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I have created a class called Rational which is a simple abstraction over rational numbers. Its constructor takes two args which it stores as numer and denom. My goal is to be able to allow the user of the library to write any expression of form x/y (e.g (2/3, 3/1) as well as expressions using rational numbers (2/3 * 15/16 - 10/31, etc) as usual, but instead of that expression being sent to the FPU for a quotient, I want the arguments to be fed to a fresh Rational instance which will be then returned. The methods and fields of Rational aren't important, except for its trivial toString:

override def toString : String = numer + "/" + denom 

Based on a discussion here, I created a simple trait Rationalizer:

trait Rationalizer {
  implicit class WrappedInt(val x: Int) {
    def / (y:Int): Rational = new Rational(x, y)
  }
}

and then I made a small App to test if Rational::toString was invoked when I tried to print 2/3:

object Runner extends App with Rationalizer{
  println(2/3)
}

Unfortunately, it seems that the operator sticks to the interpretation of its operands as Ints and reports 0, the truncated result of 2/3.

Of course, if I change the name of the operator re-defined in Rationalizer to something else, eg, foo:

trait Rationalizer {
  implicit class WrappedInt(val x: Int) {
    def foo (y:Int): Rational = new Rational(x, y)
  }
}

and make the corresponding change in my Runner instance:

object Runner extends App with Rationalizer {
  println(2 foo 3)
}

then Rational::toString is called just fine. Furthermore, in the first configuration (/ instead of foo), explicitly making the left operand of / a WrappedInt instance and making the Runner call as follows:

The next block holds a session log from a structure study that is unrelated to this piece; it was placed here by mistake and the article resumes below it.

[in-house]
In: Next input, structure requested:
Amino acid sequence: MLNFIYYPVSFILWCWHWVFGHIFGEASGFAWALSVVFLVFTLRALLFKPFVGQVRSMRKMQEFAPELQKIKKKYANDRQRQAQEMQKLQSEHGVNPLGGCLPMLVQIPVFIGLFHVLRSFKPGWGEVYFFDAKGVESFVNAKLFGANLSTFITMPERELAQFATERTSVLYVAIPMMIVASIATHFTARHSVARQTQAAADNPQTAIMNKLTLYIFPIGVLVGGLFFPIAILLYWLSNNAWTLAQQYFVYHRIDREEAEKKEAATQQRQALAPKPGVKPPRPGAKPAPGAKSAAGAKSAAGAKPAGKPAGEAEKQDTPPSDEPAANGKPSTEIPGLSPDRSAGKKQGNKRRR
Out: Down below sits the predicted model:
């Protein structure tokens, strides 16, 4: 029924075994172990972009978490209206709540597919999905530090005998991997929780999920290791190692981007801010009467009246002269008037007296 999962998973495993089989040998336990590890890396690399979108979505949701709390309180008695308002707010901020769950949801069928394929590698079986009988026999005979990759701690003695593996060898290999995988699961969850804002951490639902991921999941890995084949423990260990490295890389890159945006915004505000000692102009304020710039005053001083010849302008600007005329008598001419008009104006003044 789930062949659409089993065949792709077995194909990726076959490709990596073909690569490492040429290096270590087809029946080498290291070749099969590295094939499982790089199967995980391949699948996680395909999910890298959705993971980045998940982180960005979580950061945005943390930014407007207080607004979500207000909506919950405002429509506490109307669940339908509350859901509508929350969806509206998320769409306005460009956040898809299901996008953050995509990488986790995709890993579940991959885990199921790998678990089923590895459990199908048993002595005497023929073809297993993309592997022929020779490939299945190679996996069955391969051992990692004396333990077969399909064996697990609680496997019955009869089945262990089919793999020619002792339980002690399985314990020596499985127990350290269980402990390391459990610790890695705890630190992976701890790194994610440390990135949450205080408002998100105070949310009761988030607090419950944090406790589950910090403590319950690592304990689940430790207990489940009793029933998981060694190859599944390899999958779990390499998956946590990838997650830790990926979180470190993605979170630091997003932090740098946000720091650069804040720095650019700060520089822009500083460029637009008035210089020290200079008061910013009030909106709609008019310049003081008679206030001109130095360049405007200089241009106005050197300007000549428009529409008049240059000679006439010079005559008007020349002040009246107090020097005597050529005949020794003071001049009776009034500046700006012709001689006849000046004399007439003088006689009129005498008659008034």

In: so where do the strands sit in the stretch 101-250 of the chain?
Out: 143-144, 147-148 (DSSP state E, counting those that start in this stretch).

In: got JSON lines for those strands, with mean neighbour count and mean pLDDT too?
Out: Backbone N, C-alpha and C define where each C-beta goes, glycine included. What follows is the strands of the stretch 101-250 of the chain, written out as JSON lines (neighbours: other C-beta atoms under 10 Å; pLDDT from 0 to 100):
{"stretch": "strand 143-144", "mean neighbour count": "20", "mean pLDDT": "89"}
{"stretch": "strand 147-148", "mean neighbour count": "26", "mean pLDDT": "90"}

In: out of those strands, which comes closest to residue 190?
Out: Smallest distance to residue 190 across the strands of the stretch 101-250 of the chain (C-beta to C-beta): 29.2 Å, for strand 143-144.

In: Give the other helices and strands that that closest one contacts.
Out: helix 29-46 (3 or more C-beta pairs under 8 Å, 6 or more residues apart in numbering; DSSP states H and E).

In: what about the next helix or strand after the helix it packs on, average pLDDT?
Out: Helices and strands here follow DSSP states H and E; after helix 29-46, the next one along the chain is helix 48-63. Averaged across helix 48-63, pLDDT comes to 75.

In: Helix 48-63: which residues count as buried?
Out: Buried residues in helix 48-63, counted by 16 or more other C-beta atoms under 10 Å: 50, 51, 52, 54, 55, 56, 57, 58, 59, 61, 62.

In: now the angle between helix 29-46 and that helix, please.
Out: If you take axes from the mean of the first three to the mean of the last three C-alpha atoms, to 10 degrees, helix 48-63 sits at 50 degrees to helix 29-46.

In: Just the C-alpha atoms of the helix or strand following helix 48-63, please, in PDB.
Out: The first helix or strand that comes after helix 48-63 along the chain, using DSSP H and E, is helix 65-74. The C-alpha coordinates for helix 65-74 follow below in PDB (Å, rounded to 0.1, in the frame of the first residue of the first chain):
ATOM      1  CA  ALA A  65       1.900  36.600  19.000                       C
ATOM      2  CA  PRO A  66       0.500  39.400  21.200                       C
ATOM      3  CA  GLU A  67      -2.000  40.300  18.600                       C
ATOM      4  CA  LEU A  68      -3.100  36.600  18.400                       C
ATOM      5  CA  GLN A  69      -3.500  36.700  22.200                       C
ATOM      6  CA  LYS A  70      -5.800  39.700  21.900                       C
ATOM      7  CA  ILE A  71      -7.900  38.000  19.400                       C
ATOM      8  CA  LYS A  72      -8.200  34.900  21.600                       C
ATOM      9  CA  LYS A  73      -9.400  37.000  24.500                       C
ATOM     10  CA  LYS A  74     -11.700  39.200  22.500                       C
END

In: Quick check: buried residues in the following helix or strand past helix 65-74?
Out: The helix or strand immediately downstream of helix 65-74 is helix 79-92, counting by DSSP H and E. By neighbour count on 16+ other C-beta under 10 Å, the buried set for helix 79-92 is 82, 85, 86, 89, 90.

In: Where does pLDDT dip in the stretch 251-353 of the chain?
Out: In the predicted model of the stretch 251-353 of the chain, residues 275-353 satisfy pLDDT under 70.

object Runner extends App with Rationalizer{
  println(new WrappedInt(2) / 3)
}

also produces the desired result. However, my goal is to have the very same operator, '/', respond in different ways based on whether the Runner mixes in Rationalizer or not (so, minimal source code change), so that I can compare accuracy of computations vs speed of computations and generate some graphs.

Any ideas about overloading / and mixing in that trait into my Runner?

  • 3
    If the compiler can't find the specified method (/ or foo) for the given type (Int or WrappedInt) it will look to see if an implicit conversion can be made to resolve the problem. (That's one reason why using lots of implicits slows compilation.) The compiler will never choose an implicit conversion if it doesn't have to. / is a method on the Int class, which is final. I don't think it can be overridden. – jwvh Jun 17 at 7:11
  • Would making foo (or :/ or whatever) "respond in different ways based on whether the Runner mixes in Rationalizer or not" be enough? As jwvh says, you really can't do that with / on Int in particulare. – Alexey Romanov Jun 17 at 7:34

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